May 6, 2017; New York Times
For all who reside in Michigan, there is a choice to make: maize and blue or green and white. College sports, predominately from the University of Michigan or Michigan State University, are a way of life. As a significant moneymaker for the universities, the athletic programs are given top-of-the-line facilities, equipment, and resources. At the University of Michigan alone, a $168 million complex is currently under construction for the men’s and women’s lacrosse teams. The field hockey team is playing in a $13.5 million complex. Michigan Stadium, home of the increasingly popular football team, recently had a $226 million renovation.
The University of Michigan’s women’s club ice hockey team, however, pays to participate in their sport. They receive no support from the athletic department, pay $1,600 per year to play plus $20,000 to rent ice time at Yost Ice Area, and need to fundraise for their own equipment. In fact, this team is not even recognized as a varsity team. The question becomes, “Why does this team get less recognition and no support from the university’s $160 million annual athletic budget?”
According to the federal law known as Title IX, a varsity female ice hockey player must receive the same protective equipment that a varsity male ice hockey player would receive, inasmuch as the protective equipment is the same. For this to take place, however, the University of Michigan would need to add women’s hockey as a varsity sport. If that took place, the university would also need to add a men’s sport or cut a women’s team to keep the number of male and female athletes even under Title IX guidelines.
According to the Women’s Sport Foundation,
- Even though female students make up 57 percent of college student populations, female athletes received only 43 percent of participation opportunities at NCAA schools, which is 63,241 fewer participation opportunities than their male counterparts.
- Although the gap has narrowed, male athletes still receive 55 percent of NCAA college athletic scholarship dollars (NCAA-designated Division I and II institutions), leaving only 45 percent allocated to women.
- When examining median expenses per NCAA Division I institution, women’s teams receive only 40 percent of college sport operating dollars and 36 percent of college athletic team recruitment spending.
- Median head coaches’ salaries at NCAA Division I-FBS schools are $3,430,000 for men’s teams and $1,172,400 for women’s teams. This is a difference of $2,257,600.
Even with this information, it all comes down to numbers, and most women’s sports do not generate enough revenue for a college athletic department to be able to sustain the cost of maintaining a team. At the University of North Dakota, the women’s varsity team costs $2 million per year. According to the university’s president, $60 million would need to be raised to endow the program. Ticket and merchandise sales for the sport would not come close to reaching the $2 million annual operating cost, much less contributing to funding an endowment.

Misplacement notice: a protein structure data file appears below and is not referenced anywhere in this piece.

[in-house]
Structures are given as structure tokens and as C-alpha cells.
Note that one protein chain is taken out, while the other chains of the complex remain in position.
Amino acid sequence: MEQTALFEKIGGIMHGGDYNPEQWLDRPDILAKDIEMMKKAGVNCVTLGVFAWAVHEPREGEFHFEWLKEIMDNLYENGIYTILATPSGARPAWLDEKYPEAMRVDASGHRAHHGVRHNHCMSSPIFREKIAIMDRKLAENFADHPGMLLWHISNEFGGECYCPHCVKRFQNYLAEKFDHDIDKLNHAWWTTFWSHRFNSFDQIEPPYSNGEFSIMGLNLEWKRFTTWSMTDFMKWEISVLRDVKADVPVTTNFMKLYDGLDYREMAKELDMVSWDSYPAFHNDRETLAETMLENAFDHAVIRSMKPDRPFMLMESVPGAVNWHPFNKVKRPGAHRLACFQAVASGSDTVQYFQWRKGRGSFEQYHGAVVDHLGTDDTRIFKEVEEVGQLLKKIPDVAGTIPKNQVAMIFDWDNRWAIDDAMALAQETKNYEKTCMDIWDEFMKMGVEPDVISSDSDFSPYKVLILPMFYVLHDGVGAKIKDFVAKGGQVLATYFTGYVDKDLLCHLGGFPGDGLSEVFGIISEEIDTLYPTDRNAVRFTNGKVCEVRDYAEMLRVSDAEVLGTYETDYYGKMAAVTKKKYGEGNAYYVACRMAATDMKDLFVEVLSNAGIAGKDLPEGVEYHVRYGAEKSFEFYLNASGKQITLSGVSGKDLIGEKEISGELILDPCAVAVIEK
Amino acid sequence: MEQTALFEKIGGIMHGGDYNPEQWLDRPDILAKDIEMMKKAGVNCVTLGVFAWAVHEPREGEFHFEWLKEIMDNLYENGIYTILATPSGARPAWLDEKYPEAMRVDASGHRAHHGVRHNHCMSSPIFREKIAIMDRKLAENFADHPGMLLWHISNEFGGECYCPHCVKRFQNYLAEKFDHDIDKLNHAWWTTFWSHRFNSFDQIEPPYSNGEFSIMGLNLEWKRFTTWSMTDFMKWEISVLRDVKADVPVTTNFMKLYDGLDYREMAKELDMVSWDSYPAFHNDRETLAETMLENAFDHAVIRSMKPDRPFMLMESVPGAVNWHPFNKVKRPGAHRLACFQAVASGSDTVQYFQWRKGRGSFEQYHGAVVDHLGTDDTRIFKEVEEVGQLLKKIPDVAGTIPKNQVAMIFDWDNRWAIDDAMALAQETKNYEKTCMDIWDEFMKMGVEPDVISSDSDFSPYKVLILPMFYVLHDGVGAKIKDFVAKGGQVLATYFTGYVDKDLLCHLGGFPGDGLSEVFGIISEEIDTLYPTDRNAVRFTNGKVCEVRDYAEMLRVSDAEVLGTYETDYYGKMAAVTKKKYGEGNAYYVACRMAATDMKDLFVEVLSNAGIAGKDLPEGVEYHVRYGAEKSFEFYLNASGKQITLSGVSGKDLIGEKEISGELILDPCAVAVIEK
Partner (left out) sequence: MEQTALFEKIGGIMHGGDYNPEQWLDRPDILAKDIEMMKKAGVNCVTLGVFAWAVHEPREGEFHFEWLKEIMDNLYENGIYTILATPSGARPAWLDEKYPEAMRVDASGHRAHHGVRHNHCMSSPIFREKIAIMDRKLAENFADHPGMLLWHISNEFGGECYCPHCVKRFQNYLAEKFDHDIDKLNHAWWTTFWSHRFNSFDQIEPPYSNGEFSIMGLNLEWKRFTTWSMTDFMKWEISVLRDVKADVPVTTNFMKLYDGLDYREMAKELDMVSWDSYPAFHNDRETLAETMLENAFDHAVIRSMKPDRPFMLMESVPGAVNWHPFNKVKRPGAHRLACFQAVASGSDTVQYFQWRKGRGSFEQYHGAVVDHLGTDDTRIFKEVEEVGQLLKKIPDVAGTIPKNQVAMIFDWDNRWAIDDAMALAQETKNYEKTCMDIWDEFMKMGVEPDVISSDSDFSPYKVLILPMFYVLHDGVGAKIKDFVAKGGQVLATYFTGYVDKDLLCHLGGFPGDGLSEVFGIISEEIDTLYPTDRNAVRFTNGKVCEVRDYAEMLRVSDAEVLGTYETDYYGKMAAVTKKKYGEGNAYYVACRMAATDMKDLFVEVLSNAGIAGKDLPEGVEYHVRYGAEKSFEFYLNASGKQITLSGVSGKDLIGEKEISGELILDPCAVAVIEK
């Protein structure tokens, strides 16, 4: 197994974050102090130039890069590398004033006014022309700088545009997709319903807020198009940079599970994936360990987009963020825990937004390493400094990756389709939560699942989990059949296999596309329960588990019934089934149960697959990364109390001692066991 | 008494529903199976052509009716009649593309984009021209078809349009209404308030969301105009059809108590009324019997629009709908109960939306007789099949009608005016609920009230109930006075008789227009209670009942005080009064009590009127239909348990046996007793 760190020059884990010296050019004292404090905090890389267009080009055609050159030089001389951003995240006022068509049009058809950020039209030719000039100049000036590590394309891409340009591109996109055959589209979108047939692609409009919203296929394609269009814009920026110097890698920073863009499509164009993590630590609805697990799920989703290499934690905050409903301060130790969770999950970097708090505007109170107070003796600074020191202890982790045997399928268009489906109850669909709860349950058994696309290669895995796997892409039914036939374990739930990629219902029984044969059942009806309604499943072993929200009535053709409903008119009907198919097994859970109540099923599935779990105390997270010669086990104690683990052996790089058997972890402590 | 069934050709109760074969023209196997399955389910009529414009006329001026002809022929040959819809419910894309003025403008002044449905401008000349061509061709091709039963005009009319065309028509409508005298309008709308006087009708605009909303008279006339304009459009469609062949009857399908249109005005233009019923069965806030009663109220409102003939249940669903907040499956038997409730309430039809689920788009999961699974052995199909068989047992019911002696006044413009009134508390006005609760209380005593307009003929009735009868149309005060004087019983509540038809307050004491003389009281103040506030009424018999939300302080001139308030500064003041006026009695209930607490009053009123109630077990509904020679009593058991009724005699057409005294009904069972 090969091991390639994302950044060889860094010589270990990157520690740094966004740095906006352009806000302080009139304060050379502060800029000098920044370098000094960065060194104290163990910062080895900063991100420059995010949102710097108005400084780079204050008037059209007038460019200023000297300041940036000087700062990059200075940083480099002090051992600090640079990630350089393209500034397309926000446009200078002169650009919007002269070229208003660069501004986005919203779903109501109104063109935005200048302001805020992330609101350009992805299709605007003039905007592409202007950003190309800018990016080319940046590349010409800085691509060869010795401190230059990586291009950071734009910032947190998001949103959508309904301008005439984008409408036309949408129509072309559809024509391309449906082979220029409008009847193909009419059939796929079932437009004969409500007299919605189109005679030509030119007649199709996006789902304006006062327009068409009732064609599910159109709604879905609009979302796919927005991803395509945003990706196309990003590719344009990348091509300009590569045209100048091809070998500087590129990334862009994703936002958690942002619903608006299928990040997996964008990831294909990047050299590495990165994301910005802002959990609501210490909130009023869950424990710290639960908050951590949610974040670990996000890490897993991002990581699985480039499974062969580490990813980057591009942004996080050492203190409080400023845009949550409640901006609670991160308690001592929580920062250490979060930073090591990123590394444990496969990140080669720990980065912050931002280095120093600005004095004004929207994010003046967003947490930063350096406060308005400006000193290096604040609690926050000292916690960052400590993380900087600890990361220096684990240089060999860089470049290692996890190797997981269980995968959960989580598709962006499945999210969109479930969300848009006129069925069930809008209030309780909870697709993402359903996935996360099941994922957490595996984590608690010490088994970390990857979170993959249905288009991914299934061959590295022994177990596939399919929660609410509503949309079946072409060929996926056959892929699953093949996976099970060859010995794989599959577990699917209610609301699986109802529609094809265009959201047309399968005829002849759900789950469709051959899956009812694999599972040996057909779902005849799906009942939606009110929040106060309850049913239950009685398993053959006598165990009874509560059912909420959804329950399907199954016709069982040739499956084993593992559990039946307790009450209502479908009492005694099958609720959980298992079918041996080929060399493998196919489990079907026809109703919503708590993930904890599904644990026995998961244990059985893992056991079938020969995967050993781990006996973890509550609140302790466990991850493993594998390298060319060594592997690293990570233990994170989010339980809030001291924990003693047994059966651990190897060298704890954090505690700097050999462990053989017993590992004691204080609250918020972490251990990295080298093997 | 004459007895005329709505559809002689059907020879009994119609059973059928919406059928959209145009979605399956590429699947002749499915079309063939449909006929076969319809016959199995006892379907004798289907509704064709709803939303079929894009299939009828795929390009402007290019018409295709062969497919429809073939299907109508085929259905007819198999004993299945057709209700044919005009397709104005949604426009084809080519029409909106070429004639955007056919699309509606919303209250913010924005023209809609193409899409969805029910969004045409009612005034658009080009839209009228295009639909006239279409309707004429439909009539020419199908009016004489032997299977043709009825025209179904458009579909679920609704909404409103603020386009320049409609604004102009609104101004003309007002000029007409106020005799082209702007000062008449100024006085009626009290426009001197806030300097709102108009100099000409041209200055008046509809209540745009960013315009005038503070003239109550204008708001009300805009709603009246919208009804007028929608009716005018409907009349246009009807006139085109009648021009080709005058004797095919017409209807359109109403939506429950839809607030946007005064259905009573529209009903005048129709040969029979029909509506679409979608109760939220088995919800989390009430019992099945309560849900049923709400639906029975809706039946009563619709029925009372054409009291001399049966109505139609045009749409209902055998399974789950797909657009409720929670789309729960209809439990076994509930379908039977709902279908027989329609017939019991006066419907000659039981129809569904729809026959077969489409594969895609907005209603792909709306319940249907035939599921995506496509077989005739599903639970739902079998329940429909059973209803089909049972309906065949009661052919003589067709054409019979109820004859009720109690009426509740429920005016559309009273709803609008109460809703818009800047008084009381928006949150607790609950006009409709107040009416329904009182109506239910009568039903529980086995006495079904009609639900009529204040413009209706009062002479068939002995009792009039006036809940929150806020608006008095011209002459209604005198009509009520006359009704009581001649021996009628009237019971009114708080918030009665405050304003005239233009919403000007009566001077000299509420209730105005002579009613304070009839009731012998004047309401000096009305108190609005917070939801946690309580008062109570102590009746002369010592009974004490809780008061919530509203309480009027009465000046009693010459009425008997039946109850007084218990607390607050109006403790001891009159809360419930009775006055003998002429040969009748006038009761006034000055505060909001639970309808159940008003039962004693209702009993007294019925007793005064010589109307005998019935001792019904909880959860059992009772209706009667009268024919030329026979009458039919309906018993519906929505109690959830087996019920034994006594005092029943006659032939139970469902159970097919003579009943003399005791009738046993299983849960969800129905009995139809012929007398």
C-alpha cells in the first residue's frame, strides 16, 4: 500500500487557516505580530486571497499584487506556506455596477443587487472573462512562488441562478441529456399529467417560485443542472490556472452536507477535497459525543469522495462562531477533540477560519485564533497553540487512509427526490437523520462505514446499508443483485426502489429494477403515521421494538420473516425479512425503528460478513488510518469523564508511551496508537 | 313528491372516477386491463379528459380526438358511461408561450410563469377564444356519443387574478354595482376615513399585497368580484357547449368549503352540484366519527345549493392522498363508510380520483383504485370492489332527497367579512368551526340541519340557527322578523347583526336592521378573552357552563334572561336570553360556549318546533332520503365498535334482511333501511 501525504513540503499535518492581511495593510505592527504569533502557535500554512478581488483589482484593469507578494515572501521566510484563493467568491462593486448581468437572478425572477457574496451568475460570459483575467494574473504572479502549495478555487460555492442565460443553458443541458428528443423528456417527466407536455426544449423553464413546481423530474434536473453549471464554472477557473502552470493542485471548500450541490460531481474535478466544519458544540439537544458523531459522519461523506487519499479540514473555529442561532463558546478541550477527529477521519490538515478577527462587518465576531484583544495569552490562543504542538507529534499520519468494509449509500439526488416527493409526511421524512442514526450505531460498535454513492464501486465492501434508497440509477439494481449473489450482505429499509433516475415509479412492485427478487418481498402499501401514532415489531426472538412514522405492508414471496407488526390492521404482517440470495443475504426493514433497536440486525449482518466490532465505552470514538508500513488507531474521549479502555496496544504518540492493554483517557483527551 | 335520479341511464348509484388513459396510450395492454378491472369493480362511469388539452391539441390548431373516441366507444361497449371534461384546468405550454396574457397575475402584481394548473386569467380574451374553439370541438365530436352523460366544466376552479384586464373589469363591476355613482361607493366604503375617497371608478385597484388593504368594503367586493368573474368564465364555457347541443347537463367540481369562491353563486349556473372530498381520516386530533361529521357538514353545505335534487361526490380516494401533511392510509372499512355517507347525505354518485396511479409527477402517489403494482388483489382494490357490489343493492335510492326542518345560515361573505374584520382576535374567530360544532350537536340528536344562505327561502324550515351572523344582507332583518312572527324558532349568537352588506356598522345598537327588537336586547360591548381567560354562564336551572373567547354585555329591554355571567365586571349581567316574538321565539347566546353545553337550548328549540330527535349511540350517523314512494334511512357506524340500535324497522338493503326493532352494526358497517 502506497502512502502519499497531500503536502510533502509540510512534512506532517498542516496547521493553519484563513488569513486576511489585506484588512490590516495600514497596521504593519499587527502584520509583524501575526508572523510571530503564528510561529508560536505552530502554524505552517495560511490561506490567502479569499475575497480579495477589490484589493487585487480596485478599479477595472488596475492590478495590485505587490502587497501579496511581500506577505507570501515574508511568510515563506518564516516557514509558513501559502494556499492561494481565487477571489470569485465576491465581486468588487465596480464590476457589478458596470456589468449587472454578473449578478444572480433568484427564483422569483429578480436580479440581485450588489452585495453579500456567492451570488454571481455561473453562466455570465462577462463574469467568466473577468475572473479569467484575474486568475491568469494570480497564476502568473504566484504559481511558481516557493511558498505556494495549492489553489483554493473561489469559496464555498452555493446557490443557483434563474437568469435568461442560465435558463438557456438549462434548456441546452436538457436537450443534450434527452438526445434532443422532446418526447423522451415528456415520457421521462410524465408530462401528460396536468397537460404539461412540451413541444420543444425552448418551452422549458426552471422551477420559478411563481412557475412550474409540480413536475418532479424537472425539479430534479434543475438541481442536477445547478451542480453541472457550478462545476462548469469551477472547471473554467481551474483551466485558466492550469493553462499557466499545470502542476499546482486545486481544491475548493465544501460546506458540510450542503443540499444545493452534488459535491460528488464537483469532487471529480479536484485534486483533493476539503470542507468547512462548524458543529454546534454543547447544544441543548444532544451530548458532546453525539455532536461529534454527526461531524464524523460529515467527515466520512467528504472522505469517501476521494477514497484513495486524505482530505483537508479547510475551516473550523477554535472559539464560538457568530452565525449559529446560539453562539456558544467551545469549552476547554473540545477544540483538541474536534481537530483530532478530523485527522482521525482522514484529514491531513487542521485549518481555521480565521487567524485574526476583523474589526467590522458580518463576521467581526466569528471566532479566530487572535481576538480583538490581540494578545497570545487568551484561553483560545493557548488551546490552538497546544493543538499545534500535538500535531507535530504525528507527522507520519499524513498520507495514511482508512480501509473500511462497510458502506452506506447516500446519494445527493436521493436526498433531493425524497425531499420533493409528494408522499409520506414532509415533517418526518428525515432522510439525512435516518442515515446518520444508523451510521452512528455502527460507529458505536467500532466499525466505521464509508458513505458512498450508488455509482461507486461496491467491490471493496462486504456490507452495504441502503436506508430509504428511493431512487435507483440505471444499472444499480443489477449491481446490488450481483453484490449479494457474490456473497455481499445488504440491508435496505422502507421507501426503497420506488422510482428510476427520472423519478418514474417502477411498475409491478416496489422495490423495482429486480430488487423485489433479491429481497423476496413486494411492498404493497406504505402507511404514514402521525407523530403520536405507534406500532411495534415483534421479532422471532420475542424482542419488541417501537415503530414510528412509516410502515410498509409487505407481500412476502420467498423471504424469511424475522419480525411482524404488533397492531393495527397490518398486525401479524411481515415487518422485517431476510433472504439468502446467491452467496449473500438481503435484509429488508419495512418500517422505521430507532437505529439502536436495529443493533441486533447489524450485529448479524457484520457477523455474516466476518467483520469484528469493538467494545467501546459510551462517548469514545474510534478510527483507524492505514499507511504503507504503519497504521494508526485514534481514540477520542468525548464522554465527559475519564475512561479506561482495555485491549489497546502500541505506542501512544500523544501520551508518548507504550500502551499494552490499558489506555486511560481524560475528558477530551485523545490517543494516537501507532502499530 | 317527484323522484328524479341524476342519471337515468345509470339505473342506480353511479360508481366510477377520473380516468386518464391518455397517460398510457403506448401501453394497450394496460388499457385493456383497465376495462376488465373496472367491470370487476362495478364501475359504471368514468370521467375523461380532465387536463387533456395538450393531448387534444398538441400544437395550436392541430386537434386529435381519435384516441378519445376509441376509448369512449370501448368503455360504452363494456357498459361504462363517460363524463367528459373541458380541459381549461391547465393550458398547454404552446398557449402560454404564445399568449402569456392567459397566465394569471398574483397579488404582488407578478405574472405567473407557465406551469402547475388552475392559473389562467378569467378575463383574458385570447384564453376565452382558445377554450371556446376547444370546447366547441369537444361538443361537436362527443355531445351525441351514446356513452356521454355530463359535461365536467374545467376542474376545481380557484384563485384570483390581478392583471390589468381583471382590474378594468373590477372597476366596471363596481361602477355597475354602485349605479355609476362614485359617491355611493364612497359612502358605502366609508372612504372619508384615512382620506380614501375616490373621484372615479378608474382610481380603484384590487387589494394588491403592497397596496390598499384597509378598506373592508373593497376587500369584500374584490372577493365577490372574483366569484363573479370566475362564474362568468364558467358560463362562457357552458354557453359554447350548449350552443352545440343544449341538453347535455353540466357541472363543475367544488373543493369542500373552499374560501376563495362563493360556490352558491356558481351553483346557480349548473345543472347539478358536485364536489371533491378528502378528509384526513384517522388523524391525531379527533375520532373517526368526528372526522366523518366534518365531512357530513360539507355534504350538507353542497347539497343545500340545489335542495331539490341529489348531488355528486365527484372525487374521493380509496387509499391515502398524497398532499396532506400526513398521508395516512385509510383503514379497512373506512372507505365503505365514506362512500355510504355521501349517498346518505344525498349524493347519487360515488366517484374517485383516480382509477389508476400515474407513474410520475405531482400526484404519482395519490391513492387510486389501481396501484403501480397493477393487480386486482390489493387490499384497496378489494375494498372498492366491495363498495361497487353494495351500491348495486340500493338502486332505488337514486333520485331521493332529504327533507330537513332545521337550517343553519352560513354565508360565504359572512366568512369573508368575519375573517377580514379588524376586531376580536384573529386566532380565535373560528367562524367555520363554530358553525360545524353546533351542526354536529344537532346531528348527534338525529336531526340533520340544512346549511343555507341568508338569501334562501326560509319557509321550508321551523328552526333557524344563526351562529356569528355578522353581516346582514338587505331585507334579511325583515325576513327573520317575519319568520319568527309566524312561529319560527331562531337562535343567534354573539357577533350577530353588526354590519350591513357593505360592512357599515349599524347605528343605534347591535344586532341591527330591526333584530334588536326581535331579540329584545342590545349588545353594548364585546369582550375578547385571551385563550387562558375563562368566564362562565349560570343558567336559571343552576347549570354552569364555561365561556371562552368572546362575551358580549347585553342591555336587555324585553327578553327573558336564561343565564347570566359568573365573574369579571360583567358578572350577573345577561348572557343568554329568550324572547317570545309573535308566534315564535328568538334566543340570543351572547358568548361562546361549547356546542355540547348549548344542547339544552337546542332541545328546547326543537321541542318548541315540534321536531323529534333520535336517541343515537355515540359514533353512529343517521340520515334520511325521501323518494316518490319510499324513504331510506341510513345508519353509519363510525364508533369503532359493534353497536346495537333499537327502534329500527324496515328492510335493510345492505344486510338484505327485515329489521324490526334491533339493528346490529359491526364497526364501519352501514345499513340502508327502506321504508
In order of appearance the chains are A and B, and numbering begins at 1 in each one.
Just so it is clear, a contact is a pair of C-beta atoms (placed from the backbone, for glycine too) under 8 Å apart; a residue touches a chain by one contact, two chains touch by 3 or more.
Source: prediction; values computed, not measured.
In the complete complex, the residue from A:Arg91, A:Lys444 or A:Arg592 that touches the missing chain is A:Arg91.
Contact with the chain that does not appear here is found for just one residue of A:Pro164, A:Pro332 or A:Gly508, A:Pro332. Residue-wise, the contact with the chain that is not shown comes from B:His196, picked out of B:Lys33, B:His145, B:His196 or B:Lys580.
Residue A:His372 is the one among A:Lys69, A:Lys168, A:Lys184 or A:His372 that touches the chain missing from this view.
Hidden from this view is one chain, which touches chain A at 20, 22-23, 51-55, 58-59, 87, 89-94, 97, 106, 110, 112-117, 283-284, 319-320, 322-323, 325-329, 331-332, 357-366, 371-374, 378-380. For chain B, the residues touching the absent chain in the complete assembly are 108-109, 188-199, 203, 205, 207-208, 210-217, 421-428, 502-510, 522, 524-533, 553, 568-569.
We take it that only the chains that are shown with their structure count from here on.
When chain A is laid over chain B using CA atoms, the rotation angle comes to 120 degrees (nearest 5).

The difference does not stop at collegiate sports, however. Professionally, women’s sports still fall behind men’s in popularity. The three-time WNBA Champions (2003, 2006, 2008), the Detroit Shock, couldn’t sustain a viable following up against the Detroit Pistons, who won the 2004 NBA Championship, and were moved to Tulsa, Oklahoma in 2009. Detroit currently has no dominant professional women’s athletic team.
So, why is there less exposure and support for women’s sports? According to an article in the Economist, sponsors are unwilling to finance individuals and teams that do not have good media exposure: “The Women’s Sport and Fitness Foundation (WSFF) estimates that in 2013, women’s sports received 7 percent of coverage and 0.4 percent of the total value of commercial sponsorships.” This makes for a cycle that is difficult to overcome—less coverage equals less sponsorship, which equals less coverage.
In March 2016, CNN reported that a poll conducted by Always indicated that, “a significant percentage of both women and men said men are better at sports, with 32 percent of women feeling that way and 47 percent of men.” While this could be one explanation, Nancy Hogshead-Makar, a three-time Olympic gold medalist in swimming, who has devoted her career to the advancement of girls and women in sports, states, “This connection with sports and masculinity is a very tough nut to crack. People have been trying to crack it for a long time.”
While a simple explanation or solution to the gender inequalities in sport isn’t easily produced, identification that there are gaps in recognition and support may be the first step. Mercedes Reyes, a junior forward with the University of Michigan women’s club hockey team, may have said it best—“It would just be nice so that people know we exist.”—Erin Shankie